I am often connecting and collaborating with people working in innovation spaces across public, non-profit, and private sectors. Each person that I meet and work with employs a slightly different innovation methodology, but there is one constant: each has a framework to move problems and projects through.
I have been guilty of conflating the terms innovation (a process) and invention (the creation of something) in my work. The outcome? Putting “the cart before the horse”. Why does the distinction matter?
Leading a process with a suggested invention before seeking to understand the problem runs a host of risks, including the creation of a solution to a problem that may not exist (or at least not how you think it does) and a product that others are not invested in.
The motivation to invent is clear: we want to show that we are producing something. Fortunately, innovation processes have the same desired outcome, but arrive at the inventing stage by first drawing out the wisdom of those that are experiencing a problem.
Innovation is a process that begins with understanding
I am a certified facilitator of the Basadur Simplexity process and have used it with groups to define problems, investigate facts and ideas, plan for action, and execute solutions.
I begin by administering an individual Basadur Profile, which helps people reflect on their preferred learning style and whether they like to explore new ideas or make decisions. The group then delves into their team profile and considers the implications of their “innovation mix”.
The Simplexity model integrates individual and team profiles into an eight-stage process that takes a group from problem finding to implementation. The Basadur suite values understanding, co-construction, and the creation and implementation of solutions—all of which are critical in the innovation process.
Invention occurs during stage 4 of the innovation process
The Service Design Model provides a clear roadmap for people engaged in innovation work. I appreciate the model’s emphasis on working through alignment issues before engaging in discovery work. I have experienced firsthand how challenging an innovation process can be if alignment is not first established.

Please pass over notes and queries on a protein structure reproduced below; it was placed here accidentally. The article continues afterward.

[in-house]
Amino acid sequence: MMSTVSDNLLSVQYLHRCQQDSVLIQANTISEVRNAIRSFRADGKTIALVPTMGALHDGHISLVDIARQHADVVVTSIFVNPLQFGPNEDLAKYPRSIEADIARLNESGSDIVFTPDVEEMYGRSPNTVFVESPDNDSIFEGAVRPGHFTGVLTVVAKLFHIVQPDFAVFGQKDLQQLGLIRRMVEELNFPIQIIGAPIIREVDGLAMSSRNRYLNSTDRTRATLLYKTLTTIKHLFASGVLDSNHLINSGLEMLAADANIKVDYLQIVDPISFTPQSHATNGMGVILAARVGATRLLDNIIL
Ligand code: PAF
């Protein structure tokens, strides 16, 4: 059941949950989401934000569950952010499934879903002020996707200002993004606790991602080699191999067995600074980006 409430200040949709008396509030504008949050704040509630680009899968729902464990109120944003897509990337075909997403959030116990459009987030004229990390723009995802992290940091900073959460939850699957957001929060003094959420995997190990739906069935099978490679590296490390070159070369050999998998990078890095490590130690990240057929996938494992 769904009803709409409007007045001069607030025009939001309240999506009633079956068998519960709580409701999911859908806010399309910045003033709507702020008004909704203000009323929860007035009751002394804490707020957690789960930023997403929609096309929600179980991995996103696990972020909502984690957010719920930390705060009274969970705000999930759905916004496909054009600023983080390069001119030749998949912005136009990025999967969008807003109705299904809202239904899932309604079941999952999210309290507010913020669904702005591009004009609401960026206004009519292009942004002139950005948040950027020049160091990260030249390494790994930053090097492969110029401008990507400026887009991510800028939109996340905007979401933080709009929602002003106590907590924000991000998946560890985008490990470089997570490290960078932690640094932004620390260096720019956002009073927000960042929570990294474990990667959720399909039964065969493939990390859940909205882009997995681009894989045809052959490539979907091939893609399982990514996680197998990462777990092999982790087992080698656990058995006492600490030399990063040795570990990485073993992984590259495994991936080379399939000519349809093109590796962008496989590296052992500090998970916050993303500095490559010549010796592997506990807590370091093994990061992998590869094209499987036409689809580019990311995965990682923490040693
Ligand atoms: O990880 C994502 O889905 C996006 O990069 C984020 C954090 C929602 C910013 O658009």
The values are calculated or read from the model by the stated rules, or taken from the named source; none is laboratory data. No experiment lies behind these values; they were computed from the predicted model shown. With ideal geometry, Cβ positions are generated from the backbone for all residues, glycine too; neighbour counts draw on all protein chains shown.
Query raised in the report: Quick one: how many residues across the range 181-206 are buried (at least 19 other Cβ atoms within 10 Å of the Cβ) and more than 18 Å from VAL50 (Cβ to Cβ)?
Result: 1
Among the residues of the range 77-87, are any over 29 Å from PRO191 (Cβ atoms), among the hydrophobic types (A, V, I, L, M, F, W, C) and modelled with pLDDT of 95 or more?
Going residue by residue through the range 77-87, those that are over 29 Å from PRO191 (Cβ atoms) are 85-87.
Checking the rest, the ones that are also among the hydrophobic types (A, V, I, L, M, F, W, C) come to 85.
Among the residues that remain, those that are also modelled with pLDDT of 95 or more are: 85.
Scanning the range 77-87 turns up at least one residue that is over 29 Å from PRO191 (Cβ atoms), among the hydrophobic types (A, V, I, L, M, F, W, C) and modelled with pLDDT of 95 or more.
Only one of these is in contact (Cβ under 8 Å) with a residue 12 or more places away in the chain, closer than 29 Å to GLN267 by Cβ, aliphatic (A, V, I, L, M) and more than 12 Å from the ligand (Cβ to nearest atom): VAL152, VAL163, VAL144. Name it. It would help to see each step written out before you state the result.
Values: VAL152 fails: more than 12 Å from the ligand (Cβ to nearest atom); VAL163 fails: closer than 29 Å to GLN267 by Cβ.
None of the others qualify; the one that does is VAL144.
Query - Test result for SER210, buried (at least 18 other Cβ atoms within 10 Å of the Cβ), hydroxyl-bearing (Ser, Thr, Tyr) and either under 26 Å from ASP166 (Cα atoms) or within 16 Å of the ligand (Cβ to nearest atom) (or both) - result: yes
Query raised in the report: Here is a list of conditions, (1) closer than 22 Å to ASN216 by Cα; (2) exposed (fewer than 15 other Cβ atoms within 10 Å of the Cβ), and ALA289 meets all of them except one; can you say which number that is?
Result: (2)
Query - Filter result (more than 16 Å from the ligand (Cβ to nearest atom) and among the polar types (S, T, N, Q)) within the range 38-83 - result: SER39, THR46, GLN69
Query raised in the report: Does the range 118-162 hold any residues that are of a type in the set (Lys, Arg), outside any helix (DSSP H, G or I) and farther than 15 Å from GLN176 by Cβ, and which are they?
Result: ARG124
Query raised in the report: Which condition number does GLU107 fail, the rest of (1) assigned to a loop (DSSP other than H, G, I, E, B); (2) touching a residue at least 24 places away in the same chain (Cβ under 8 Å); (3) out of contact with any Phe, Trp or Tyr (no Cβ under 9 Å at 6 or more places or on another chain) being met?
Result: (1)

The model also provides a helpful visual to understand that invention happens at the prototyping and testing stage, occurring after alignment, discovery, and opportunity identification work. I credit Kevin Reid-Morris for helping me think through this difference (I will write more about Kevin in the next post). This model has proven valuable because of how it informs intentional actions that lead to innovation.
Applying lessons learned in the MIC
Our work on attainable housing is a good example of how success can be realized when we are thoughtful about process. Alignment activities occurred in Saugeen Shores through the striking of an Attainable Housing Task Force.
Discovery work happened in two phases; community consultation by the Task Force, and through applied research in partnership with the University of Waterloo’s School of Planning. Students presented significant findings through comprehensive environmental scans and moved us into the opportunity phase of the model. Suggested short term, medium term, and long-term strategies were provided to Saugeen Shores that enable council and staff to have an immediate impact on housing supply and cost.
Over the last week, I have been working alongside elected officials and staff from Saugeen Shores and Bruce County to develop an implementation plan for attainable and affordable housing in the region. The early prototyping and testing of solutions is what we are focused on alongside the development of a roadmap for longer term solutions.
This process is a clear demonstration that innovation is a cycle that, when informed, can yield inventions that positively disrupt our current state.
--Dave Shorey is the Innovation Officer at the Municipal Innovation Council.